• 14. Proposals for the Labelling of Buildings By Jack PlumbIntroduction demonstrate progress, or otherwise, in nization’s operational requirementsAvid readers of Papyrus may remember reducing energy consumption. This during the year under review, ( article in the Summer 2007 issue certificate would be displayed such longer opening hours for a significantintroducing this proposal. The object that staff and members of the public exhibition, etc.).of that article was to set out some pro- could see the information. We providedposals for the labelling of buildings, a proposed certificate, which provided a grading chart for the particular year Proposals to Dateinviting comment, so that those who and a bar chart showing performance As far as the certificate itself is con-made it to the AGM in Ottawa could over the previous three years. Space cerned, we have made a couple ofhave a discussion and vote on the way was left for individual institutions to changes. One was to have the IAMFAahead. For those of us who completed insert information relevant to their banner moved to the bottom of thethe 2007 Benchmarking Exercise, a very operations, be it further consumption certificate to allow the institution con-good example of the Energy Perfor- information (I gave the example of cerned to have its banner as a header,mance Certificate was produced as water consumption), or an explanation thereby identifying the certificate aspart that Benchmarking Exercise. Wethus had a very good idea of what to of some significant change in the orga- continued on page 16expect, both in terms of the certificateitself and the amount of information Display Energy Certificate NATIONAL LIBRARY OF SCOTLAND Causewaysiderequired producing the certificate. At Edinburgh EH9 1SL, UK Building: National Library of Scotlandthe AGM in Ottawa, we agreed to pro- Date of Issue: 12/29/06ceed with this proposal. The purpose Audited by:of this article is to update you on the Date of Audit:discussions that took place in Ottawa. Period Covered: 2006 Operational Saving Grade RatingSummary Better > 15% A ADuring a brainstorming session at 10% to 5% Bthe 2005 IAMFA conference in Bilbao, 5% to 10% Caimed at improving the image and 0% to 5% Drelevance of IAMFA, a suggestion 0% to 5% E 5% to 10% Fwas made that IAMFA become a more 10% to 15% Grecognised authority in museum facility Worse >15% Hadministration. One way in which thiscould be achieved would be for IAMFA Good Practice Level: 445 kWh/m2 MAGEC Bench Marking Exerciseto produce a building certificate dem- Typical Level: 570 kWh/m2 MAGEC Bench Marking Exerciseonstrating the performance of that Actual Level: 200.42 kWh/m2facility compared with similar facilities. Water Consumption: 1546 m3 A working group was set up to Typical Consumption: 600 m3 OGC Report 2003 (9.3 m3/person/year)investigate how this idea could be Best Practice: 410 m3 OGC Report 2003 (6.4 m3/person/year)developed. The working group con-sisted of Jack Plumb of the NationalLibrary of Scotland, Frank Brown of Operational Rating for Last 3 Yearsthe National Gallery in London, John 2004 2005 2006Standish of the Smithsonian Institution, -20.00% -17.25%Ian MacLean of the Canada Science and -15.00% Operational RatingTechnology Museum Corporation, and -10.00% -5.00% -2.84%Keith McClanahan of Facility Issues, Inc. 0.00% The proposal made at the Ottawa 5.00%AGM was that, as part of the existing 10.00% 7.88%Benchmarking Exercise, members 15.00%would provide sufficient information 20.00%to produce a certificate which would14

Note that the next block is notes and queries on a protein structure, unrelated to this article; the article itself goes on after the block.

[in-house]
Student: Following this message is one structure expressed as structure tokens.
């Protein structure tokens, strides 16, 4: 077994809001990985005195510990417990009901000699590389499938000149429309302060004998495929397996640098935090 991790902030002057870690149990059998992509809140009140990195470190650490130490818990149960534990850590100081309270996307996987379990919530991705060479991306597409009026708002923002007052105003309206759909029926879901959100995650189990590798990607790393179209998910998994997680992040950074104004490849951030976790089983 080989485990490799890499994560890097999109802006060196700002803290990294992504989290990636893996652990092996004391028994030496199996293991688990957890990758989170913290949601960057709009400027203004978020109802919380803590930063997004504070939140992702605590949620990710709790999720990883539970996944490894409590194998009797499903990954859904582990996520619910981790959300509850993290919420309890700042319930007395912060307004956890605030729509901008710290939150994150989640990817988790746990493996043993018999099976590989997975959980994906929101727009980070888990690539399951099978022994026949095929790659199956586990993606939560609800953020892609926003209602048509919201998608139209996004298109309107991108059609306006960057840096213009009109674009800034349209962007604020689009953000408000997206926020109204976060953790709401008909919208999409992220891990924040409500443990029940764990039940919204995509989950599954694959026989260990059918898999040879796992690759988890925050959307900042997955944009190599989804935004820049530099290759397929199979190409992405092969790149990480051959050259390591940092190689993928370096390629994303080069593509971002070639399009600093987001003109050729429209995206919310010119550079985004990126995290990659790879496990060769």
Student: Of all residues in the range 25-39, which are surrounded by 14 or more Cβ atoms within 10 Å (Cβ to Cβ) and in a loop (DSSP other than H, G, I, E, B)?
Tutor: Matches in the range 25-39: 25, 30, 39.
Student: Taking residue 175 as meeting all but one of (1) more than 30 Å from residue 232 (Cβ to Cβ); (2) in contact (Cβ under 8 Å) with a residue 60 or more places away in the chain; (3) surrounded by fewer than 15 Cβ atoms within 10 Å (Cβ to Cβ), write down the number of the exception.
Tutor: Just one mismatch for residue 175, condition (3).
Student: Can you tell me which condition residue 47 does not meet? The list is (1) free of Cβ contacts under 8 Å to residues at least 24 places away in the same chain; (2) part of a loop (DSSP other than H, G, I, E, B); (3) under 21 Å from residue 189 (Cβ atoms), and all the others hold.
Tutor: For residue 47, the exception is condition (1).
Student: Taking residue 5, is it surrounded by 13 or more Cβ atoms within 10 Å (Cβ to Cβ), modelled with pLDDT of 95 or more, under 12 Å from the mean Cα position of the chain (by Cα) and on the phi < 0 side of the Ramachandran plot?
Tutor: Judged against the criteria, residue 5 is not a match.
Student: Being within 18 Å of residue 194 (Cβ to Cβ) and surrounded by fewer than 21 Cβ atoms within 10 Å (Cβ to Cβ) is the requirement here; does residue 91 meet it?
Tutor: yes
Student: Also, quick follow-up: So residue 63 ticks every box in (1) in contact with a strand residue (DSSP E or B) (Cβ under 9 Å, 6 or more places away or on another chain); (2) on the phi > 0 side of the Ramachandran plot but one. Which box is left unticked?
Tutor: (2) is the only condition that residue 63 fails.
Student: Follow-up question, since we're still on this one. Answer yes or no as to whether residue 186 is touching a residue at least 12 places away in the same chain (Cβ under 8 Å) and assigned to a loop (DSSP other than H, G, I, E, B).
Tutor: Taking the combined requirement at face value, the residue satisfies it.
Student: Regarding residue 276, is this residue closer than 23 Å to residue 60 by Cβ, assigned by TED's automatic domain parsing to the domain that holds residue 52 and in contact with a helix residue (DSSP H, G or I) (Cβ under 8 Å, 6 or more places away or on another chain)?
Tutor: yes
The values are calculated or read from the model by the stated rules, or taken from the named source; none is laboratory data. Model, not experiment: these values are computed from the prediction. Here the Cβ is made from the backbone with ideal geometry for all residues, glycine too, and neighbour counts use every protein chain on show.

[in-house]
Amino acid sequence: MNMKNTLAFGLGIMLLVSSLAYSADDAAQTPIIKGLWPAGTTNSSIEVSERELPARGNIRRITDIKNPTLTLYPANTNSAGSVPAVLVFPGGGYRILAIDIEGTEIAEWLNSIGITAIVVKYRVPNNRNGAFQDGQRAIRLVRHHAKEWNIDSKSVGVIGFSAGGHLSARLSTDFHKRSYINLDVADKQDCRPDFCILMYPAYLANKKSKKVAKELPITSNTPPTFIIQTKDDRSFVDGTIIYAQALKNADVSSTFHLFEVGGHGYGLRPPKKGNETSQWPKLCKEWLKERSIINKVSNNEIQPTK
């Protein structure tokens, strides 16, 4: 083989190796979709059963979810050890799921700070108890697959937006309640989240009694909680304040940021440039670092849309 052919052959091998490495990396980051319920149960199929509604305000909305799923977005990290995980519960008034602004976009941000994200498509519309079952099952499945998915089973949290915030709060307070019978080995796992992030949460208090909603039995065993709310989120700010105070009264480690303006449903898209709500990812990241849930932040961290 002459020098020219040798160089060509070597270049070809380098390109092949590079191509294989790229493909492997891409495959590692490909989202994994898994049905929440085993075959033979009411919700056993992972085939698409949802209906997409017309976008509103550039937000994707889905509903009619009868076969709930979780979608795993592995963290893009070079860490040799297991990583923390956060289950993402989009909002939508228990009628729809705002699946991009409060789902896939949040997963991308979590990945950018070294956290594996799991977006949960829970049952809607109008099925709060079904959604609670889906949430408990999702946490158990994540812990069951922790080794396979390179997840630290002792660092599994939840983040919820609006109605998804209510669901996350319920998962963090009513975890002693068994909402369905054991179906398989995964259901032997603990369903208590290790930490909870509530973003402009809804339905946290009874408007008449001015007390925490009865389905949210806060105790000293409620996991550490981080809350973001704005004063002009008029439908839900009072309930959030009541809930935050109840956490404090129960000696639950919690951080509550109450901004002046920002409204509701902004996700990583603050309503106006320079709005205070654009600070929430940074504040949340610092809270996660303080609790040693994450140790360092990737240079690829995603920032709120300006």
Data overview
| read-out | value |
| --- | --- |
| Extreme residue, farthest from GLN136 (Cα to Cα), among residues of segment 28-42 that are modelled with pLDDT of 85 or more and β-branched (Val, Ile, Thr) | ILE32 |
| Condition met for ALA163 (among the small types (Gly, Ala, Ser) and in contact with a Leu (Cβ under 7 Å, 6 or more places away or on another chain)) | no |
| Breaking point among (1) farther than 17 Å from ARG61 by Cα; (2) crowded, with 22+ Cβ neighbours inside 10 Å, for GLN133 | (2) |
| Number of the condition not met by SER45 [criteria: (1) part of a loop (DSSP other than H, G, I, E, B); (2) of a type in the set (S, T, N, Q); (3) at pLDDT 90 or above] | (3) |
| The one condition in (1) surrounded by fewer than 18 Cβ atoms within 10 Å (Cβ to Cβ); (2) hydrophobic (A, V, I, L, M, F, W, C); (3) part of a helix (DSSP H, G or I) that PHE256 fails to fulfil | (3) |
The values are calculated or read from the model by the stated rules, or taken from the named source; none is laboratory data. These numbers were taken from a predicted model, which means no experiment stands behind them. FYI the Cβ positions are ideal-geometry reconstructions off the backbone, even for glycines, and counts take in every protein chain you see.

• 15. Energy Star Roofs are Cool By Richard StomberStarted in 1992, Energy Star is a combined effort of the U.S.Environmental Protection Agency and the U.S. Departmentof Energy which labels products that are energy efficientand that potentially lower greenhouse gas emissions. Whilethe Energy Star label has become a ubiquitous icon in theU.S.—easily recognized on qualifying computers, monitors,appliances, lighting, and climate control equipment—many ofus may not realize that it has also been applied to commercialroofing products. Energy Star roofing products, generically called “cool roofs”,qualify through their ability to reflect incident sunlight (reflec-tivity) and reduce the amount of absorbed and radiated heatfrom the surface (emissivity). Reflectivity and emissivity arecombined to derive the Solar Reflective Index (SRI) of theroofing product. In order to qualify, the initial and three- this can increase the ambient temperature by several degreesyear operating SRI must meet minimum performance stan- and result in poorer air quality for residents. Additionally,dards for steep-slope and low-slope roof products. Addi- since reflective roofs have a narrower surface temperaturetionally, the manufacturer’s roof warranty for an Energy range, there is less thermal expansion and less stress ofStar product must be equal in all respects to non-reflective the membrane.roof products. The level of energy savings from an Energy Star roof depends largely on local climate and the ratio of roof areaTypical Reflectance Values: to overall building size. In general, these roofs are cost- effective for any facility that has more cooling-degree daysWhite Reflective Roof Coating or Membrane .85 than heating-degree days, with hot and sunny climates real-White Paint .60 izing the greatest benefits. In these cases, the hot-weatherAluminized asphalt .40 savings will exceed any heat gain benefit of non-reflectiveConcrete .22 roofs during the winter months.Bitumen (asphalt) .09 When discussing cool roofs, there is a great deal of data to back up the claims of the heat island effect, roof surface Most of the Energy Star roofing products fall into three temperature, and energy savings. The U.S. Department ofcategories: single-ply membranes, metal, and applied Energy has an energy-savings calculator to demonstrate thecoatings. The products achieve acceptable SRI ratings by savings. With identical energy cost, roof insulation, and fuelusing lighter colors, reflective finishes, and thin materials. type, a simple sampling of net annual energy savings for aThe coatings are typically applied to existing darker roofs. 10,000-square-foot “cool” roof, compared to dark-surface,The Energy Star label does not provide specific recommen- is as follows:dations for roof insulation, which should be discussed withthe installer or manufacturer. A list of approved material Newark, NJ $ 780suppliers, referred to as “partners”, can be found on the Los Angeles,CA $ 600Energy Star website, which also offers information on over Chicago, IL $ 50050 other product categories. New Orleans, LA $1,700 With their light colors and thin material layer, Energy Ottawa, ON $ 150Star roofs have been proven to lower roof surface temper-atures by over 100˚F. This can have a profound effect onenergy savings, by reducing peak cooling loads during the On a clear sunny day, being on a white roof can onlysummer and reducing overall electricity consumption. The be compared to staring at a welder’s torch. Without goodreflective properties of the roof can also offset the heat- sunglasses, don’t expect to get a lot of work done unlessisland effect, which is caused by dark surfaces—primarily your eyes closed. Also, the membrane roofs are white,roofs and pavement—absorbing the sun’s heat, then releasing smooth, and slippery when wet or icy. Water and ice areit during the course of the day or evening. In urban areas, continued on page 16 15